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Tesla Model 3 Interior Is Likely Designed Around Inclusion Of Very Large HUD Optics (Theory Explained)

Originally published on CleanTechnica.

Editor’s Note: I absolutely loved the HUD in the BMW i8. If the Model 3 has a HUD even better than that, or even just as good as that, I’m sure customers will be happy.

One of the things that stood out the most about the Tesla Model 3 when it was first unveiled was the rather simple and uncluttered interior.

While some posited that the interior design was simply unfinished, others were quick to consider other possibilities — including the possible inclusion of a large HUD (heads-up display). That possibility would of course also explain why conventional air vents weren’t featured in the interior — the freed-up space allowing for a larger HUD.

Tesla Model 3 HUD

Image by Randy Carlson, based off of a Tesla image.

A very interesting and in-depth article recently published by Randy Carlson on Seeking Alpha explored this line of thought, as well as others. Here are some choice excerpts from that article:

The largest barrier to putting a great HUD in cars is finding the volume within the dash for the necessary large optical components. Tesla appears to be taking the innovative approach of replacing the conventional instruments with the HUD, thus freeing up the necessary volume to make a great HUD display. At the same time, what is saved by eliminating conventional instruments will largely, if not entirely offset the cost of the HUD.

The same DLP technology used for the HUD can also be used to project images on to a ‘frosted’ screen from the back. In fact, the same optics used to display images can be used to detect operator gestures, allowing an interactive touch screen to be implemented on an inert piece of frosted glass without any wiring. In other words, the touch screen shown in the Model 3 at the unveiling could be implemented using the same imaging technology as the HUD with nothing more than a piece of frosted glass or plastic positioned in front of the dashboard.

…There are compelling advantages that make DLP displays preferable to LCD or OLED alternatives. The active elements of a DLP display are very small compared to an LCD display or conventional “instrument cluster”. The DMD image generator – the array of a couple million movable mirrors – is built on an IC chip, about the size of your thumbnail. DLP image projectors are also more power efficient than LCD displays, allowing brighter images and lower operating temperatures, both of which are important for automotive displays that must be visible in bright sunlight conditions.

Tesla is not bringing some new technology to automobiles by using a DLP head up display. The innovation is in removing the conventional instruments, controls and HVAC ducts from the dash, making room to implement a very compelling HUD that can then display all the information formerly presented by conventional instruments and displays. The display generating components are very small, only the optics (light, inexpensive, molded plastic mirrors) are large. This is an example of innovation that delivers simplicity, ease of manufacture and very possibly lower cost overall. This kind of innovative display solution for Model 3 is definitely the right kind of innovation. It’s not another Falcon Door.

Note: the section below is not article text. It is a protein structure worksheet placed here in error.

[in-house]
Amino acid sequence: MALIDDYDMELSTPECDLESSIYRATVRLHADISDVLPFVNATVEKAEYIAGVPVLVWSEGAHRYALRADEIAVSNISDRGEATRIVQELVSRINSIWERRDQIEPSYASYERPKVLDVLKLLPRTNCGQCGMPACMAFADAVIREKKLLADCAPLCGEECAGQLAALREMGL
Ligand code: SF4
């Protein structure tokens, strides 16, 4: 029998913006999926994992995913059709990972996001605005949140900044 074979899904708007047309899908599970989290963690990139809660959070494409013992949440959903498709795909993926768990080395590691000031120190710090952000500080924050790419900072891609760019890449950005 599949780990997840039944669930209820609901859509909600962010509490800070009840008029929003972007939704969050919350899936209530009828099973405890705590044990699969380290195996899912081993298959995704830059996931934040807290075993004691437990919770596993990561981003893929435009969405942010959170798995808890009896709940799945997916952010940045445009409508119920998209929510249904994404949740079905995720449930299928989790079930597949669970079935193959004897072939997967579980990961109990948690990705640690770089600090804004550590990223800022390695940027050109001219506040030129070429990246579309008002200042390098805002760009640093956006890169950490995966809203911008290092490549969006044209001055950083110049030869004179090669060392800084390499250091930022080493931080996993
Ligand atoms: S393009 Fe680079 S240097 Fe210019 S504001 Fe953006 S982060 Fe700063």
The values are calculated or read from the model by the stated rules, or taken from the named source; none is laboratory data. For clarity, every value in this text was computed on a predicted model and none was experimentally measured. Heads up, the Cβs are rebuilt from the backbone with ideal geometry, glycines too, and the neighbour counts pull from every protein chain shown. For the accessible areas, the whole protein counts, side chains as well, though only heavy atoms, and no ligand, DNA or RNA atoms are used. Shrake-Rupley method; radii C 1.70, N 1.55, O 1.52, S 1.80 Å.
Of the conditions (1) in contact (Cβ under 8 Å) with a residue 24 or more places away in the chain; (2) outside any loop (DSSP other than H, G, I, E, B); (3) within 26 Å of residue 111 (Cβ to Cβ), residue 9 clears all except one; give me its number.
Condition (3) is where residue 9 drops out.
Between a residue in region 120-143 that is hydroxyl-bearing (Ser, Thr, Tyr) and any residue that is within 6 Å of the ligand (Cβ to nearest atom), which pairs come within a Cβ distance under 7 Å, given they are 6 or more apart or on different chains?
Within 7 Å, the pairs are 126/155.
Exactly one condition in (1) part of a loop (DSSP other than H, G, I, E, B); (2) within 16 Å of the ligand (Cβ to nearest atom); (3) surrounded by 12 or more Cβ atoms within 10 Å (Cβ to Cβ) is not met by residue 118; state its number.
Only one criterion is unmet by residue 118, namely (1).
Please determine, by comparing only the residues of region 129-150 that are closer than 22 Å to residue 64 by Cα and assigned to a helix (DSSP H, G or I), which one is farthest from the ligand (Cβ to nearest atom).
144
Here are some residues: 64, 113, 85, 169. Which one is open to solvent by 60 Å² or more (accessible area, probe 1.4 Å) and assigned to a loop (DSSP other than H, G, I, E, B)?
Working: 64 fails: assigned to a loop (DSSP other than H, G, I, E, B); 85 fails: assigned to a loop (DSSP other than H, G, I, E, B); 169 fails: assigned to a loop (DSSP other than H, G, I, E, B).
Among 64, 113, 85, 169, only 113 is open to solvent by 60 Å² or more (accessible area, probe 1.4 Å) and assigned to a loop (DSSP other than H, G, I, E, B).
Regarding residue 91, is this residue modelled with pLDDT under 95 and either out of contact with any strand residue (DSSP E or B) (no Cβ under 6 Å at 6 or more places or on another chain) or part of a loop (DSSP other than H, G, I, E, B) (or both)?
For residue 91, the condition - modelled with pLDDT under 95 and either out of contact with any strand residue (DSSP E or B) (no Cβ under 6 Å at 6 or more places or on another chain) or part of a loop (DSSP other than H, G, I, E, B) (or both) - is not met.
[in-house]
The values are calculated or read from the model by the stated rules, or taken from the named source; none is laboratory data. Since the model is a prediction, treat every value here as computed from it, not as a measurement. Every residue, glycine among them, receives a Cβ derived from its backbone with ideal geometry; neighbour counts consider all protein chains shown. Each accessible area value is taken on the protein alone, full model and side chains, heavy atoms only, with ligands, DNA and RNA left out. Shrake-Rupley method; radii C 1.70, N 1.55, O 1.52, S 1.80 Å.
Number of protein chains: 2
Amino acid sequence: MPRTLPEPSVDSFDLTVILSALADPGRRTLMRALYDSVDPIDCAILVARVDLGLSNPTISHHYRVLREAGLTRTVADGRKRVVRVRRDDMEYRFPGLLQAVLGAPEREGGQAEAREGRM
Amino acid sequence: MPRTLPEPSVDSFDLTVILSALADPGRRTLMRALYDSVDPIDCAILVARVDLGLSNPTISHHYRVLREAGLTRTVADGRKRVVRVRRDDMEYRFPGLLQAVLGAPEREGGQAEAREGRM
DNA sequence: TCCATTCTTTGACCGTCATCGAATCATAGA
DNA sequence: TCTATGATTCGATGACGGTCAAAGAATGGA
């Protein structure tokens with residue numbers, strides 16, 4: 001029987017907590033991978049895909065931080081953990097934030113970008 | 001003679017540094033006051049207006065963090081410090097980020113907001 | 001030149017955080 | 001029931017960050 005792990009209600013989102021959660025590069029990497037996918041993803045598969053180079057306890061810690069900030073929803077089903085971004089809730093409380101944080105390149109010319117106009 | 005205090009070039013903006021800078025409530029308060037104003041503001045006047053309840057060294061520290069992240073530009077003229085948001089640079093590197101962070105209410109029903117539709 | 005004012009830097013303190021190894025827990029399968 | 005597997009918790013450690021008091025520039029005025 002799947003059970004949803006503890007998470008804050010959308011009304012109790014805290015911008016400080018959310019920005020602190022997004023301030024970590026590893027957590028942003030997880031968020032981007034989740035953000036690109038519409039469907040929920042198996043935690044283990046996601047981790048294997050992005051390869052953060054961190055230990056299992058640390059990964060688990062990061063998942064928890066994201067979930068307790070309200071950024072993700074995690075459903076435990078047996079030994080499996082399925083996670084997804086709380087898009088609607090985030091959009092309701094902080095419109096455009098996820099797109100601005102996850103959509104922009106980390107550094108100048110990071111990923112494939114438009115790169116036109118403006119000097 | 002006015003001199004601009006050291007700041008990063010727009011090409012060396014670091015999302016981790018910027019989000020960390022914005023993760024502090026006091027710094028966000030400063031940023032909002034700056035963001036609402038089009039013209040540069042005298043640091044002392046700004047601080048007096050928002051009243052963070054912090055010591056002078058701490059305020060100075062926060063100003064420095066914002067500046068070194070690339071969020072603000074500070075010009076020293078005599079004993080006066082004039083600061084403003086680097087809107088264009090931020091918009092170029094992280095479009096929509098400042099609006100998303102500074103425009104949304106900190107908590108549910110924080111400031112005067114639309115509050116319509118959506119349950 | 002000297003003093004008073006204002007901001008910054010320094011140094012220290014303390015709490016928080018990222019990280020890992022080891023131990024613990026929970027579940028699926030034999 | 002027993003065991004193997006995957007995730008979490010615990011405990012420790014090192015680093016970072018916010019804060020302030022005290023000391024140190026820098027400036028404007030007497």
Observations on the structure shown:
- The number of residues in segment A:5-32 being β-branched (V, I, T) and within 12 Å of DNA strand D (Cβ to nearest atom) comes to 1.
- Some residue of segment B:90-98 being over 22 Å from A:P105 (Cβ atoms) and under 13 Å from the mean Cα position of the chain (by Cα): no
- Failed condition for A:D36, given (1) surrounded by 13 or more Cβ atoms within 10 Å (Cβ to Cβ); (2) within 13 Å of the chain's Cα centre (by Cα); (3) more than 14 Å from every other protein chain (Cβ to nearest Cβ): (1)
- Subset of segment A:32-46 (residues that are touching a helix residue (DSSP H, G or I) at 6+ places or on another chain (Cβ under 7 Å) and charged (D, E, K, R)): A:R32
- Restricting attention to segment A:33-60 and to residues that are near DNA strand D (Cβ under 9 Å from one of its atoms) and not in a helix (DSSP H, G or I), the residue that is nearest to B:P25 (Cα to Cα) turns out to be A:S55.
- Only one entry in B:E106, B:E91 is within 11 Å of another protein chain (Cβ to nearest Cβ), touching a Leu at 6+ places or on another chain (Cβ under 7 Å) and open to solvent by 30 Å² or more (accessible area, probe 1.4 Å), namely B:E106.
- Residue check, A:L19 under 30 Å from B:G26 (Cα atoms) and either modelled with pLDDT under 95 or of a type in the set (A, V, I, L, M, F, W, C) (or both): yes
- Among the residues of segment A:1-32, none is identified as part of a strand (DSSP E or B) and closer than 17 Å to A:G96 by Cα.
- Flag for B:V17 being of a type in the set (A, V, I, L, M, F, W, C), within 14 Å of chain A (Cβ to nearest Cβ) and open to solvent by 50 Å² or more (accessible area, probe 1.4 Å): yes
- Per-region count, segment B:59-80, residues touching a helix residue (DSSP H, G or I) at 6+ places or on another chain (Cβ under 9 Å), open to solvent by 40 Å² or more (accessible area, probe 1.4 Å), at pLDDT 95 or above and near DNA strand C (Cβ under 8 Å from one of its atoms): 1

Very interesting points. The issue of strong sunlight making LCD and OLED displays hard to see is a commonly discussed one. The potential solution discussed above would certainly be appreciated by many, especially considering the glass roof design of the Model 3 (the all-glass roof appears to simply be an option, not standard, it should be noted).

As we reported previously, Tesla recently hired Milan Kovac — the principal engineer behind the SKULLY HUD-featuring motorcycle helmet — seemingly adding weight to this speculation.

“And looking at recent hires at Tesla Motors, it’s clear that Tesla is emphasizing experience with HUD, gesture control, and other unique automotive interior tech implementations,” Evannex noted.

Tesla CEO Elon Musk’s own comments appear to corroborate at least some of this speculation. Here is a tweet he made on the matter:

At any rate, I’m sure that we can expect the production interior of the Model 3 to be fairly different from what we have seen so far.

Written By

James Ayre's background is predominantly in geopolitics and history, but he has an obsessive interest in pretty much everything. After an early life spent in the Imperial Free City of Dortmund, James followed the river Ruhr to Cofbuokheim, where he attended the University of Astnide. And where he also briefly considered entering the coal mining business. He currently writes for a living, on a broad variety of subjects, ranging from science, to politics, to military history, to renewable energy. You can follow his work on Google+.


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